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6 Steps to developing a fool-proof disaster recovery plan for your small business

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Last week, several suburbs in Auckland, NZ experienced a drastic power cut when a transfer station caught fire. Many homes and businesses were without power for 48 hours.

As disasters go, this one was pretty minor (see some of the hilarious me social media commentary on the outage).. No one died or was injured, and authorities and that power company responded quickly to issues and ensured residents with medical needs were safe. However, if you were a local business reliant on power, you might find yourself going several days without access to the tools you need.

That can be a disaster for business owners.

You might lose several days of business. Urgent work that needs to be sent might not go through on time. You might not have access to vital information for several days. What can you do to ensure you make it through a disaster, natural or otherwise, in one piece?

You need a disaster recovery plan

No, I’m not some kind of crazy apocalypse prepper (OK, maybe I am slightly. I admit that I live off-grid and have a “zombie apocalypse survival kit” in my kitchen cupboard). I just know too many business owners who had to shut their doors after some disaster or other destroyed befell their company.

In another local example, after the 2011 Christchurch earthquake, hundreds of businesses had to shut their doors or are still struggling to survive. Many CBD companies found their premises destroyed, all their paperwork burned or crushed. Without records or access to their buildings, they couldn’t continue to provide clients with services. Many couldn’t even invoice. If you couldn’t access anything to do with your business for days, or weeks, or months, would you survive?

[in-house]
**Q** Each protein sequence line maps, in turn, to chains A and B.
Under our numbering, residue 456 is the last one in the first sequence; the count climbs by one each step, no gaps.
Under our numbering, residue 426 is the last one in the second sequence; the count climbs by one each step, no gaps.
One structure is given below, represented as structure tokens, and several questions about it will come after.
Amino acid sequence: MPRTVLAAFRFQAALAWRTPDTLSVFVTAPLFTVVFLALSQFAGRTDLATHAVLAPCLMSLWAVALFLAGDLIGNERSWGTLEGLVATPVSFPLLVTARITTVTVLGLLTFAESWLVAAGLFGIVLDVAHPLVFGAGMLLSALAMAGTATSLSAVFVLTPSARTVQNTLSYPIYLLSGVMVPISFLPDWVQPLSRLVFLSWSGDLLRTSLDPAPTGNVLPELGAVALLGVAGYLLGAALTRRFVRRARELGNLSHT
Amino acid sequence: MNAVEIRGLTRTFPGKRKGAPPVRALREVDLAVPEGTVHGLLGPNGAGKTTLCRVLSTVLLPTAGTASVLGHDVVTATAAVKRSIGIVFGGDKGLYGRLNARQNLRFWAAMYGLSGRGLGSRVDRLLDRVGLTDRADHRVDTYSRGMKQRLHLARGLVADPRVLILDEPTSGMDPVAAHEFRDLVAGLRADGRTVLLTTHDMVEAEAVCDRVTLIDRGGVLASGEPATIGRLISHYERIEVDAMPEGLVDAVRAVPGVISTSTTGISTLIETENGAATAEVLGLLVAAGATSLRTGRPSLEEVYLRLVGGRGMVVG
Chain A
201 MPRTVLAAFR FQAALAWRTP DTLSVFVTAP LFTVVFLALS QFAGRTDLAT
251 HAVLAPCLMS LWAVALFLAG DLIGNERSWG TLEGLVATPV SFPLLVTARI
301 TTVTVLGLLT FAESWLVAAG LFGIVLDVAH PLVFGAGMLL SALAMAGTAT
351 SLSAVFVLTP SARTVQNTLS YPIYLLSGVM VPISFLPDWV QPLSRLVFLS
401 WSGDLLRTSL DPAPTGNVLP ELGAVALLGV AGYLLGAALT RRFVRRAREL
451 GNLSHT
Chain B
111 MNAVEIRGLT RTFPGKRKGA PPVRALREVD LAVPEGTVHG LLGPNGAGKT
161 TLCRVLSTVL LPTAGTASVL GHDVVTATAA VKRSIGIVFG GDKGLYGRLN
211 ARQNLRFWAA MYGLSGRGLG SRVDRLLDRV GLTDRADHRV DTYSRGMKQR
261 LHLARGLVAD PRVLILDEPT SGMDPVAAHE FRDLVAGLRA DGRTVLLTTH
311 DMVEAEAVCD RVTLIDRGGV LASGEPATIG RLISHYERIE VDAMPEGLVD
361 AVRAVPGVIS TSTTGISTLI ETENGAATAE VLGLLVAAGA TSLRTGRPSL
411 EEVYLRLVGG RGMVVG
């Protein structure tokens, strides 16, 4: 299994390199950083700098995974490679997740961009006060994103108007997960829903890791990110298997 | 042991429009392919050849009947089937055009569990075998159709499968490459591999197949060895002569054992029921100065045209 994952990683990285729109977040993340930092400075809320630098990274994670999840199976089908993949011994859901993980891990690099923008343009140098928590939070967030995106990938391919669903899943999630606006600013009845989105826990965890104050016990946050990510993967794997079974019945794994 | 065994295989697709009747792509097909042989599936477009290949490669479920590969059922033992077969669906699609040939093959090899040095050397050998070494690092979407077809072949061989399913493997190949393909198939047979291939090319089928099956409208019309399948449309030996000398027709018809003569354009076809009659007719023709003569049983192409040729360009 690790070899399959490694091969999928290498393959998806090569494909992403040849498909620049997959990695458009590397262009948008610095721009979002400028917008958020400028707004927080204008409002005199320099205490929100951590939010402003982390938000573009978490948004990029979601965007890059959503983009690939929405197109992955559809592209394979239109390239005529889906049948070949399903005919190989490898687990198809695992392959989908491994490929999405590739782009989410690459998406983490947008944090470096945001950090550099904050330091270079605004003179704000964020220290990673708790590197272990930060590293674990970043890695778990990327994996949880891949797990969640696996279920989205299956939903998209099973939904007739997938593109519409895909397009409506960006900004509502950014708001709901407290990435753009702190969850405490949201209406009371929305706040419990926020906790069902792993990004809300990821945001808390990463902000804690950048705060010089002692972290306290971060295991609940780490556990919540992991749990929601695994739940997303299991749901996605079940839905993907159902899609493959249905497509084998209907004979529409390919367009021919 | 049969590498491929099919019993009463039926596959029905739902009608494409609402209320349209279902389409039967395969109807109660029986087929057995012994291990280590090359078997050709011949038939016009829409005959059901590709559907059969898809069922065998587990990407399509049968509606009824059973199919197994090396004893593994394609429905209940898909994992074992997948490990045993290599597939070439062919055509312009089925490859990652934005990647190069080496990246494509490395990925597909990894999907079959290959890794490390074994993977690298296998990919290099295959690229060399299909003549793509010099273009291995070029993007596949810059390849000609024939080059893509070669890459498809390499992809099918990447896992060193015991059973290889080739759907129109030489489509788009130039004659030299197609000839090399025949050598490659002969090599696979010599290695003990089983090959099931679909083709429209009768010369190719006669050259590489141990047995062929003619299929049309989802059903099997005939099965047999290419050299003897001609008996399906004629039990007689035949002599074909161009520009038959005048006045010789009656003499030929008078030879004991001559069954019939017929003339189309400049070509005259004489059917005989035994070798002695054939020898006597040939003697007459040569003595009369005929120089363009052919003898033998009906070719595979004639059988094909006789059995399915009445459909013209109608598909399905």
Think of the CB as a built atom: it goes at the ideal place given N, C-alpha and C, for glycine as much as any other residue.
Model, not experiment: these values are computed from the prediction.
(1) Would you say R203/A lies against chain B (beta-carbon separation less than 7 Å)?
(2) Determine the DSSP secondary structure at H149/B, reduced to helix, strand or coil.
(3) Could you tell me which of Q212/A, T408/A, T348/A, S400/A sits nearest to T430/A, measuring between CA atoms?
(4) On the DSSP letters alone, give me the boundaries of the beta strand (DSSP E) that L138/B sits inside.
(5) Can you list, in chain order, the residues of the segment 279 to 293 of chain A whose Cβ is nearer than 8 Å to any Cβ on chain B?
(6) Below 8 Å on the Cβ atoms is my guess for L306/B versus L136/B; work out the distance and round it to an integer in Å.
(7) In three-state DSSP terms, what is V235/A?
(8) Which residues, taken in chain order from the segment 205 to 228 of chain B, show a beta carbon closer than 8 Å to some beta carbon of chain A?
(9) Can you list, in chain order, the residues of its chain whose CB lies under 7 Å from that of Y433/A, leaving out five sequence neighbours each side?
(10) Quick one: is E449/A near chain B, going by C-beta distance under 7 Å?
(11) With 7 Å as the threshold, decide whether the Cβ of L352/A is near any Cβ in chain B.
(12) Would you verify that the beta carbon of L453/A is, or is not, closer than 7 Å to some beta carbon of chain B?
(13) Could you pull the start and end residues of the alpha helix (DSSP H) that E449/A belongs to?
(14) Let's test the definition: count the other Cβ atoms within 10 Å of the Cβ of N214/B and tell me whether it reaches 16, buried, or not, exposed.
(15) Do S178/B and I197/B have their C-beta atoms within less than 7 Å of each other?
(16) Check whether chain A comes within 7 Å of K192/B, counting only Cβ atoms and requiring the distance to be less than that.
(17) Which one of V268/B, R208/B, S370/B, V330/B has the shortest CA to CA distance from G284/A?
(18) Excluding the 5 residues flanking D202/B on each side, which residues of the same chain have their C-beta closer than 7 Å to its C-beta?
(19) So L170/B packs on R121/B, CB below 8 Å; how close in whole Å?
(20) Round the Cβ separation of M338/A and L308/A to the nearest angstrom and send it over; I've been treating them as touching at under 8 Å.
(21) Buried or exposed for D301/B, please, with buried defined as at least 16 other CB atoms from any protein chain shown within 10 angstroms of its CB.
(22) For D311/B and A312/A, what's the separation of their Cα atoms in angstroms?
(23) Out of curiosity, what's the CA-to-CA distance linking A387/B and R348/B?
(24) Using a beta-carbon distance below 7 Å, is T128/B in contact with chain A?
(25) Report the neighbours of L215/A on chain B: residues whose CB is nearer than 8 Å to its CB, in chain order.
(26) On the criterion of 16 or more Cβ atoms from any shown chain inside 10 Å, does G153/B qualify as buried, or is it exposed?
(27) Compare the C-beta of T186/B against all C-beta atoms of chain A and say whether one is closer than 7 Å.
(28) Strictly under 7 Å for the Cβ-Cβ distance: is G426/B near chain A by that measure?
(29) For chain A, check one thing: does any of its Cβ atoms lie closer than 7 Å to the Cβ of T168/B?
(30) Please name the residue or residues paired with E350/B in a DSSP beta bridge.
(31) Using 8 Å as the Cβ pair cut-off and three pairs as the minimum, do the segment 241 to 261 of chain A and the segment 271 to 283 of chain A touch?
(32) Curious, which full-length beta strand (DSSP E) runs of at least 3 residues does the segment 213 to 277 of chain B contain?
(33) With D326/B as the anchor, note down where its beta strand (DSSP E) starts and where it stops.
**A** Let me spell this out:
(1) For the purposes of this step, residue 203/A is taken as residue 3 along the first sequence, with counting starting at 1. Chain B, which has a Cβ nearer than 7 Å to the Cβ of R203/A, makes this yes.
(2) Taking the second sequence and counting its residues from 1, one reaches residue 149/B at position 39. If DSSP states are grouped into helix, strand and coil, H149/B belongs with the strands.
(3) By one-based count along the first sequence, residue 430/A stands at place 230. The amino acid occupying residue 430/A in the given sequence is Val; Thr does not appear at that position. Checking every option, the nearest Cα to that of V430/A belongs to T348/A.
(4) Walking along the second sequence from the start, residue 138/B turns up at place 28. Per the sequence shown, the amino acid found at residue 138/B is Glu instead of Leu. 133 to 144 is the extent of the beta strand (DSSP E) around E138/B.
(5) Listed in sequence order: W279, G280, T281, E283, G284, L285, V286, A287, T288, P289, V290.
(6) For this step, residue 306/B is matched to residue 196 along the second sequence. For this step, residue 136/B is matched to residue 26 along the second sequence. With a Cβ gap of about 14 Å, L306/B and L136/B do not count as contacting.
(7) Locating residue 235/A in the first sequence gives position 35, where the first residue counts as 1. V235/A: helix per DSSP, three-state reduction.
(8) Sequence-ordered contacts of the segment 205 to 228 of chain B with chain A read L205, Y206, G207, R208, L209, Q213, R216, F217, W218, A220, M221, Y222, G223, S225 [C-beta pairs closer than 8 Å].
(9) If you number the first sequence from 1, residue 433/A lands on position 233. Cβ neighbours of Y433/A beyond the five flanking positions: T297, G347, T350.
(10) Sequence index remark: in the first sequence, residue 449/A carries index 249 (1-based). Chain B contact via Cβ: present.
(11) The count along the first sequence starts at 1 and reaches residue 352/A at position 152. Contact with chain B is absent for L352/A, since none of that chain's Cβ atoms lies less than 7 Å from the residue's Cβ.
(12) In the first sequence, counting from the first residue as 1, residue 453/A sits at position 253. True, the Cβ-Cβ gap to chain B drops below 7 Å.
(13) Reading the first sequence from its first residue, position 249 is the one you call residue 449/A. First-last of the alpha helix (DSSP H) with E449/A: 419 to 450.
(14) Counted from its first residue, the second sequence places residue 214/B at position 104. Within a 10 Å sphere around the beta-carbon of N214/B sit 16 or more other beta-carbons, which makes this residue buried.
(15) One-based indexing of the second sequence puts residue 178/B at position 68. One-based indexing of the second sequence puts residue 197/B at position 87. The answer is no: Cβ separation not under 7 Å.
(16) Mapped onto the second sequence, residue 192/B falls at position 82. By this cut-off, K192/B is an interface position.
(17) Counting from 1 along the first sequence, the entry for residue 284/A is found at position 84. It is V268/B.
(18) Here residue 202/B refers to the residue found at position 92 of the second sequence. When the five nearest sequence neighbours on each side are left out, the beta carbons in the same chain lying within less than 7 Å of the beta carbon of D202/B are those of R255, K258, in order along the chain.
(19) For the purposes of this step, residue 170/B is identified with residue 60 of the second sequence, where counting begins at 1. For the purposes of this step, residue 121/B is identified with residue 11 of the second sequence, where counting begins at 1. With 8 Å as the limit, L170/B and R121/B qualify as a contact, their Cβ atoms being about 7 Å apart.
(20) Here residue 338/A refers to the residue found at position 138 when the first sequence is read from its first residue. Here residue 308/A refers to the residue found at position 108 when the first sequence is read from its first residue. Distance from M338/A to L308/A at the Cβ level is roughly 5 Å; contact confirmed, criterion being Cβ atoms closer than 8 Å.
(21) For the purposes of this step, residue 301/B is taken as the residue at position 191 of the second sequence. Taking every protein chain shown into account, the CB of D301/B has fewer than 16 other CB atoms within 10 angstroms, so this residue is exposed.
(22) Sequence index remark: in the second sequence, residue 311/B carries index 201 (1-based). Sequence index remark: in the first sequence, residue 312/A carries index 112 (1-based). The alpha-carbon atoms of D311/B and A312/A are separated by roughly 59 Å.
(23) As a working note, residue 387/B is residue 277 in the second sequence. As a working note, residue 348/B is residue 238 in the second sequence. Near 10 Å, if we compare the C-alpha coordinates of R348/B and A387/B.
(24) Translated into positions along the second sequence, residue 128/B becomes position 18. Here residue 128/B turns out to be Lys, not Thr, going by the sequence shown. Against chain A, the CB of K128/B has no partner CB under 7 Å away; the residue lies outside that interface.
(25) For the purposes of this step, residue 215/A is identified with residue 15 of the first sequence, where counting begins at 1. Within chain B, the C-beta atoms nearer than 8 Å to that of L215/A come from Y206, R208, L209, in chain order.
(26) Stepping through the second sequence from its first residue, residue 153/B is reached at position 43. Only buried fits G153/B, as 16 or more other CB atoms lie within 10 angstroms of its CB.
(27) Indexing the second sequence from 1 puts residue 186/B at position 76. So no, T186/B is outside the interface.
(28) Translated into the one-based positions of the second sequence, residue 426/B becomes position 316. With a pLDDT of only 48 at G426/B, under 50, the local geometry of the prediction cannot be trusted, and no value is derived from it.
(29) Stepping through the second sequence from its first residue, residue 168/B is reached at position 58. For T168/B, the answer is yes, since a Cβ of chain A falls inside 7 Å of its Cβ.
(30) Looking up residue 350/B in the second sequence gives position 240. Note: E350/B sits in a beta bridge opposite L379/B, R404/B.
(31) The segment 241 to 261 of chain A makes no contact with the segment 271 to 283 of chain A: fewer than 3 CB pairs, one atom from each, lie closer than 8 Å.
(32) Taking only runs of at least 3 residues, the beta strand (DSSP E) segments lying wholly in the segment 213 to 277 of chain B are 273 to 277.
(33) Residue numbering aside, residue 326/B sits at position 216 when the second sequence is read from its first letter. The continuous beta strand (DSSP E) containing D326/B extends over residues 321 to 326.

Start creating your basic business disaster recovery plan today:

Step 1: Get Your Business on the Cloud

When it comes to disaster recovery, the cloud is one of the most valuable tools you can have. No matter what happens to your main office, you will be able to log in to your systems anywhere, from any device, and continue working.

Even if you’re not ready to move to fully cloud-based systems (such as running your accounting, project management, CRM or admin on the cloud), at the very least all your electronic files should be backed up on cloud servers. That way, you won’t lose any valuable information.

The cloud has numerous other advantages, too. Read more:

reasons for joining the cloud here.

Talk to your local cloud IT professionals about your options for the cloud.

Step 2: Update your communications

If something were to happen tomorrow, would you be able to contact all your staff and all your clients? Could you guarantee you’d be able to reach everyone?

A simple thing you can do to improve your disaster recovery plan is to ask everyone in your company to update their contact details and the details of their emergency contacts. Offer an incentive, such as a prize draw, for everyone who logs in and updates their information. The simple fact of having accurate, up-to-date information can vital in ensuring staff stafety during an emergency.

Step 3: Create an emergency kit